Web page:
mented  here: the current supported set of options is listed by the -v option and a
	      fuller description is available in the program source.

       -F conf_file
	      Specify an amd configuration file to use.  See amd.conf(5) for description of  this
	      file's  format.	This configuration file is used to specify any options in lieu of
	      typing many of them on the command line.	The amd.conf file includes directives for
	      every  command  line  option amd has, and many more that are only available via the
	      configuration file facility.  The configuration file specified by  this  option  is
	      processed  after	all  other  options  had been processed, regardless of the actual
	      location of this option on the command line.

       -H     Print help and usage string.

       -O op_sys_name
	      Override the compiled-in name of the operating system.  Useful when  the	built  in
	      name  is not desired for backward compatibility reasons.	For example, if the build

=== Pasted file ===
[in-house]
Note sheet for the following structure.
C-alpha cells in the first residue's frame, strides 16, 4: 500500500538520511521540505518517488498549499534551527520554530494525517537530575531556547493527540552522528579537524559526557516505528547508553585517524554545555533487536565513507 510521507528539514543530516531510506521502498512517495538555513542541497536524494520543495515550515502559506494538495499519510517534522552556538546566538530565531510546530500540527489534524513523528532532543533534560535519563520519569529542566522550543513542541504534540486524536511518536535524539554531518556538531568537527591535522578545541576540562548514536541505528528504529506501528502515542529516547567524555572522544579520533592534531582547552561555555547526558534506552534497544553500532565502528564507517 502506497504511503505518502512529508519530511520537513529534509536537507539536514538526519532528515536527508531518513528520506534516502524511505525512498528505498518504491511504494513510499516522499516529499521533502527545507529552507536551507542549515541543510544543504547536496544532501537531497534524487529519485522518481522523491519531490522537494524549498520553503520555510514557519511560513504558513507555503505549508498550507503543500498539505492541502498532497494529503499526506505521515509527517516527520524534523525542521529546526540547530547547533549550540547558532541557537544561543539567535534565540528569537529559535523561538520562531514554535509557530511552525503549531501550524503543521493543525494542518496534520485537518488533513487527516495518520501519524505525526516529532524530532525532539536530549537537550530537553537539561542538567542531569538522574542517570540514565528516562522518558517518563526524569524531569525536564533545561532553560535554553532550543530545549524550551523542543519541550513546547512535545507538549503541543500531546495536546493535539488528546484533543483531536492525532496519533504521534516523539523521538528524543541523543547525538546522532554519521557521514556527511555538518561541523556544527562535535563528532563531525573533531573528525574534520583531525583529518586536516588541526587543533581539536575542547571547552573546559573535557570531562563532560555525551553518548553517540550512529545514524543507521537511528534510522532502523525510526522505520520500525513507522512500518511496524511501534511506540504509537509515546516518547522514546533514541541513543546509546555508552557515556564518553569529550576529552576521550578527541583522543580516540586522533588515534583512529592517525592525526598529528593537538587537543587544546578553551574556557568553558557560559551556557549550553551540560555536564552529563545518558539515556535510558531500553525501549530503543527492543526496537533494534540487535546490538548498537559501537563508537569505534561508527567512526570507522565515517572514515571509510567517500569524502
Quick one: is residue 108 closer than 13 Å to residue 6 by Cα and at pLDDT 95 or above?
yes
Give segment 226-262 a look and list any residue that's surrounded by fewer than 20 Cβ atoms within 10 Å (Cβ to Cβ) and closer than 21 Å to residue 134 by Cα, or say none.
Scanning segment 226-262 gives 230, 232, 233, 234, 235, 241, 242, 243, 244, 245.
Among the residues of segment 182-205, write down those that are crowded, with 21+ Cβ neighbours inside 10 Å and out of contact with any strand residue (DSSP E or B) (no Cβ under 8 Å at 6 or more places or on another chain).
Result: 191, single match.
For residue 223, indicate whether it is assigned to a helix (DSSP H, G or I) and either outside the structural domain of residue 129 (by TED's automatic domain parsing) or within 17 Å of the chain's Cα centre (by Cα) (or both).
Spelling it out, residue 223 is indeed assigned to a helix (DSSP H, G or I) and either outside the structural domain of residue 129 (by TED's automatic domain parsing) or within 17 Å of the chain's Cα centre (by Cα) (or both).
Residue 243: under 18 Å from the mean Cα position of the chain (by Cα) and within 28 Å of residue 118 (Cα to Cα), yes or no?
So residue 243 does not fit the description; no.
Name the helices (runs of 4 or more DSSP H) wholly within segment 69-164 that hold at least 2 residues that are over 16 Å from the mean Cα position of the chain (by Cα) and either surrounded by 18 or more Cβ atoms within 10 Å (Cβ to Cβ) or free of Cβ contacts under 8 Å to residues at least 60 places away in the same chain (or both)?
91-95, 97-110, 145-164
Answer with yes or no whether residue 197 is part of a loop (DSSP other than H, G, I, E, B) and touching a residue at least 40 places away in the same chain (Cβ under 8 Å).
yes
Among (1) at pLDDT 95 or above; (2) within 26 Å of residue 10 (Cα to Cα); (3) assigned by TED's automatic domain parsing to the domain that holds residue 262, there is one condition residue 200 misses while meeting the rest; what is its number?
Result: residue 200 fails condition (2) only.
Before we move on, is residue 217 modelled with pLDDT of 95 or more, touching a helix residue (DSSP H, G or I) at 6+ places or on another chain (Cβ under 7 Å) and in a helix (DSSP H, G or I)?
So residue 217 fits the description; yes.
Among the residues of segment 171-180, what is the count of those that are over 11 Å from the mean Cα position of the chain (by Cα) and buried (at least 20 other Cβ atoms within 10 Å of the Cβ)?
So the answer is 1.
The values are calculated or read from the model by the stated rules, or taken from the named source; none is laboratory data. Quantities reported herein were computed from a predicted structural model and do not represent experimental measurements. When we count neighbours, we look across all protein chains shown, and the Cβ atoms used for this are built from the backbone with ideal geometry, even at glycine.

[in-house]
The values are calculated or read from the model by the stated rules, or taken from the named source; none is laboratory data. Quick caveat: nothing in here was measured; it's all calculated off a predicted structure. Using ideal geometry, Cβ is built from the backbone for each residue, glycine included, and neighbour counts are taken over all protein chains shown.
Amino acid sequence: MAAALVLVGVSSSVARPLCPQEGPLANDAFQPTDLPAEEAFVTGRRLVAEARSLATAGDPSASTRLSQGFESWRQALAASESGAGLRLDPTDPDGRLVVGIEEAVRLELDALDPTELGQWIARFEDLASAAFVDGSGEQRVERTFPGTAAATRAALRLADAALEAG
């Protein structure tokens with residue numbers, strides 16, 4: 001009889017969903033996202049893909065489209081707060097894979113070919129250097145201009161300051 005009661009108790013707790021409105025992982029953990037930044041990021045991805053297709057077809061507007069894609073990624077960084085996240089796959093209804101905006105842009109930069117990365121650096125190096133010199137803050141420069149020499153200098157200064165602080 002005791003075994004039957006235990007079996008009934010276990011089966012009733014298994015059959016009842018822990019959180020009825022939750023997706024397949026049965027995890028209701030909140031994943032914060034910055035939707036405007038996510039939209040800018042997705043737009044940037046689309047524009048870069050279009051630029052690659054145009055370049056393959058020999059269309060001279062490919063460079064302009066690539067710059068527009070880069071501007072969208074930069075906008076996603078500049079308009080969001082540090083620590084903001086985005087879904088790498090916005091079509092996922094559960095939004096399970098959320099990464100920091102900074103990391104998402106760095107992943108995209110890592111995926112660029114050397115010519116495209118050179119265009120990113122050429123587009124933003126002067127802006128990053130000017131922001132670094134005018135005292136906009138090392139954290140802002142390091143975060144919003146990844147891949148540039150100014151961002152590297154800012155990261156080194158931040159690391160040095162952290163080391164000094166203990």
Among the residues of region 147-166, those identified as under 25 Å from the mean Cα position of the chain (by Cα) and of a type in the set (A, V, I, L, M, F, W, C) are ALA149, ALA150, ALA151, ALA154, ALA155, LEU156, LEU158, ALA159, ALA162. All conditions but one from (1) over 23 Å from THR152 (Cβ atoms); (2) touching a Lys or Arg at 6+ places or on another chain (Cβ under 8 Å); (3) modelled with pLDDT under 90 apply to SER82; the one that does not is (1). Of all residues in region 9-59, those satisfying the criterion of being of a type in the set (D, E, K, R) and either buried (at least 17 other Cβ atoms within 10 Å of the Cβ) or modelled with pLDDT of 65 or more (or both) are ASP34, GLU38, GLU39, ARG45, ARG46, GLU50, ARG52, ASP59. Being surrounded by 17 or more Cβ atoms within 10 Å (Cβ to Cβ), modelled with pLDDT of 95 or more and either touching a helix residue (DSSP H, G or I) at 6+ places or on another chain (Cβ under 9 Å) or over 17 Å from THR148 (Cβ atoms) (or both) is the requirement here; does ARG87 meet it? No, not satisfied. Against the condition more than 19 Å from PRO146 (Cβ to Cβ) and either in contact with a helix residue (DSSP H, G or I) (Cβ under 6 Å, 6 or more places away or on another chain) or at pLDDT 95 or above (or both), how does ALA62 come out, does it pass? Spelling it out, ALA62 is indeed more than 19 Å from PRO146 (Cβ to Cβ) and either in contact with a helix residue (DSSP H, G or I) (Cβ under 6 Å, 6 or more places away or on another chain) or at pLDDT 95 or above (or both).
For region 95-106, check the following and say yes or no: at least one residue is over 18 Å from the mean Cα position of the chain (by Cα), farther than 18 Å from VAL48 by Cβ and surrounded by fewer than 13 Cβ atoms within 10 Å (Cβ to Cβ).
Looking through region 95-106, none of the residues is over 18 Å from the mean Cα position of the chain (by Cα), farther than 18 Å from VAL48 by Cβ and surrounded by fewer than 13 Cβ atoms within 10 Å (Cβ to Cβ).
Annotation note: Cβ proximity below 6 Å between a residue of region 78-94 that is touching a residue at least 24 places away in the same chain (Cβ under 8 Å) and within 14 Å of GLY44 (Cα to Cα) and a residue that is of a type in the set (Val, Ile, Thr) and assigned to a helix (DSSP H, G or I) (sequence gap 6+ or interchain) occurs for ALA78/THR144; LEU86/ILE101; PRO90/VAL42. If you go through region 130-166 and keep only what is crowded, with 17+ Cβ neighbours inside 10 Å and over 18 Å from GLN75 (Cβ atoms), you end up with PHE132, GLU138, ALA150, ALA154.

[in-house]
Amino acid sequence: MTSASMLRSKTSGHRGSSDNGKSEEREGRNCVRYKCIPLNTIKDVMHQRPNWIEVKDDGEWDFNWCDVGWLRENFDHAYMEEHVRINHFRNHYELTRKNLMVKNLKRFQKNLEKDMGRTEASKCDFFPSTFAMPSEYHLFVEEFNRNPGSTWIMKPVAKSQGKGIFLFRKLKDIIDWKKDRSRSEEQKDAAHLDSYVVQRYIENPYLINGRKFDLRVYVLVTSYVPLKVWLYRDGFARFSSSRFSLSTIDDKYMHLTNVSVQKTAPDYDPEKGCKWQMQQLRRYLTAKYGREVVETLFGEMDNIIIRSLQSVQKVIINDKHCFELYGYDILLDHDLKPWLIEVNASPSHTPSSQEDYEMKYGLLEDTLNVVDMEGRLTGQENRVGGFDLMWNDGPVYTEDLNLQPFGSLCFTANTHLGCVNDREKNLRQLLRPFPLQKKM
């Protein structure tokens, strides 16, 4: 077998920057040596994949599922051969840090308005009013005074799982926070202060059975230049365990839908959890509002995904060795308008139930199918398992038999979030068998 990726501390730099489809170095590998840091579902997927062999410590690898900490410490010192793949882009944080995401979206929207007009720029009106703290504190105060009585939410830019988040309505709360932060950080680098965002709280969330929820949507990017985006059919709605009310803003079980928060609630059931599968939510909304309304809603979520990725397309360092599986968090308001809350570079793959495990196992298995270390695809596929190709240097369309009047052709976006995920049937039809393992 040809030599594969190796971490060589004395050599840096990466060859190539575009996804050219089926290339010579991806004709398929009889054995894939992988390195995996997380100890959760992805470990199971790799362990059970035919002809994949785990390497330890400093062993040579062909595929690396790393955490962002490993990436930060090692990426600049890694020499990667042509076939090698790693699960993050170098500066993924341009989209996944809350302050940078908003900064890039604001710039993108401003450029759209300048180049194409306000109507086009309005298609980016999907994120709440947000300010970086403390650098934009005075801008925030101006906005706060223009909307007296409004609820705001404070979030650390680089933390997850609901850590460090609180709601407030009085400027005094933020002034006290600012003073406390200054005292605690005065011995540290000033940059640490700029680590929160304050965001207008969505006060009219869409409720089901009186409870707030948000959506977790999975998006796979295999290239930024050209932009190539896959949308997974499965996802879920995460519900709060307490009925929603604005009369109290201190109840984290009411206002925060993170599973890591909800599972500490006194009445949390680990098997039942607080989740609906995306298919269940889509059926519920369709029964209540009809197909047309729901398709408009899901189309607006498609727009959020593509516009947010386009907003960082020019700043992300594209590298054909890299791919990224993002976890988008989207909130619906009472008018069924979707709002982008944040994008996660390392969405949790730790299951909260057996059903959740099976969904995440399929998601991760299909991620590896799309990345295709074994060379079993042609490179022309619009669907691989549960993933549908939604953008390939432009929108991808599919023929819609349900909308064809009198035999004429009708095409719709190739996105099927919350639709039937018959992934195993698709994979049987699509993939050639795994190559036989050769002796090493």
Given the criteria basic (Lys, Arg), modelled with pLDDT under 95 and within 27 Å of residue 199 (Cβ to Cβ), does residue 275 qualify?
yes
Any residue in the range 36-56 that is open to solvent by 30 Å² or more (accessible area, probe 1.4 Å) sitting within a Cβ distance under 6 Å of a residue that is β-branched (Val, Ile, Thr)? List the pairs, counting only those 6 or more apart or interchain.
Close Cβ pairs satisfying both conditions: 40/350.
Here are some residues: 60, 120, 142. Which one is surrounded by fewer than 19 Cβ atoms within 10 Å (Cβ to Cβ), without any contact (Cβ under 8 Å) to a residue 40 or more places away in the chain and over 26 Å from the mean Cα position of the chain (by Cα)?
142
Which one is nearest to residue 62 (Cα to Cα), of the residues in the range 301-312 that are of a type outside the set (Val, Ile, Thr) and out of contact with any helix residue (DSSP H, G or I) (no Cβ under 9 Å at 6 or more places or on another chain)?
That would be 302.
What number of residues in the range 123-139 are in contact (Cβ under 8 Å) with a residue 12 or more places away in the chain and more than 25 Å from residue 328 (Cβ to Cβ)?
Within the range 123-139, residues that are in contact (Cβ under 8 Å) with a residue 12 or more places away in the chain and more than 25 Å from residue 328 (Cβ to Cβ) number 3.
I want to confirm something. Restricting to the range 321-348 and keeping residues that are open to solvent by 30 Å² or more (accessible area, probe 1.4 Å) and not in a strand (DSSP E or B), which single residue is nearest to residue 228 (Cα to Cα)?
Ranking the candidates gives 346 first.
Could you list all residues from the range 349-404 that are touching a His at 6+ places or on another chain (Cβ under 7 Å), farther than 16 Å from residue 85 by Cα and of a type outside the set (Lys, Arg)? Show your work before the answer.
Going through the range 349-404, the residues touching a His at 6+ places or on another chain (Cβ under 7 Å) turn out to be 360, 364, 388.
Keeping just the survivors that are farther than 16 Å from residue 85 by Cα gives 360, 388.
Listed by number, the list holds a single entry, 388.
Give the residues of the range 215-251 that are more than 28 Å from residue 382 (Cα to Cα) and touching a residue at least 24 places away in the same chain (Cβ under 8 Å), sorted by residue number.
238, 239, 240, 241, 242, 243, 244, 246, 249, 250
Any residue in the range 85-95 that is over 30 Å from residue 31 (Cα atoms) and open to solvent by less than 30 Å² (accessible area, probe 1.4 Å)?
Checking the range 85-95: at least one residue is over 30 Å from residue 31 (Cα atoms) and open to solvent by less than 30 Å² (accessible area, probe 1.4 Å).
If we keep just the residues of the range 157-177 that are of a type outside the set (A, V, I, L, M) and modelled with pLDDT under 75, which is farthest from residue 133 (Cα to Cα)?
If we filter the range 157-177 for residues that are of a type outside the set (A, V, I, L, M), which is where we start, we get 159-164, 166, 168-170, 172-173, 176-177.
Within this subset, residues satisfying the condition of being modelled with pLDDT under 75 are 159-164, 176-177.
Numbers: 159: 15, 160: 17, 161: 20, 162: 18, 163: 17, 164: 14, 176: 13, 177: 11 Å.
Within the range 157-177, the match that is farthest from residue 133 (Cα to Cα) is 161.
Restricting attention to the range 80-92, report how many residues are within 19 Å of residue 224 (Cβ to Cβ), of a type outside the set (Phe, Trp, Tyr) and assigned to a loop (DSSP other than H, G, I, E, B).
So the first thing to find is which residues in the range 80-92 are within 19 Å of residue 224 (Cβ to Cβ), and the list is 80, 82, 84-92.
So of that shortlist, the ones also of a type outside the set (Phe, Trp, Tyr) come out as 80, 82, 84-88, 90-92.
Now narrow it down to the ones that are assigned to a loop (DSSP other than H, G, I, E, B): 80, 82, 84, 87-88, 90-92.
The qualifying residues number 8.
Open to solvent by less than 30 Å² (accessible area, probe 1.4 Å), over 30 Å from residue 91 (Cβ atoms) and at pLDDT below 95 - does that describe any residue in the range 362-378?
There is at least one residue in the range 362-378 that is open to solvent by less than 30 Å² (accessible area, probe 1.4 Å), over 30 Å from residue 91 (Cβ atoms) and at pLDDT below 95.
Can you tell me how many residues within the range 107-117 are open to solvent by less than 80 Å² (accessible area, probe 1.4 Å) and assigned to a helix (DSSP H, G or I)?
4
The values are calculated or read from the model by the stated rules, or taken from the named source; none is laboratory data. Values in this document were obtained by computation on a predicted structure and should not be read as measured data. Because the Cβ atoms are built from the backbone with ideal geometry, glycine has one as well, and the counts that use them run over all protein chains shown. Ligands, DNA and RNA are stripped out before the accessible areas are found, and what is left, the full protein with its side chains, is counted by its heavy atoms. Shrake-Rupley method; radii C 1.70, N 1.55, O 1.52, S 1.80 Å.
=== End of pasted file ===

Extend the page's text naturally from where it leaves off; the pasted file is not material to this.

in name is ``sunos5'', you can override it to ``sos5'', and use  older  maps  which
	      were written with the latter in mind.

       -S     Do not lock the running executable pages of amd into memory.  To improve amd's per-
	      formance, systems that support the plock(3) call, could lock the amd  process  into
	      memory.	This  way  there  is less chance the operating system will schedule, page
	      out, and swap the amd process as needed.	This tends improves amd's performance, at
	      the cost of reserving the memory used by the amd process (making it unavailable for
	      other processes).  If this behavior is not desired, use the -S option.

       -T tag Specify a tag to use with amd.conf(5).  All map entries tagged  with  tag  will  be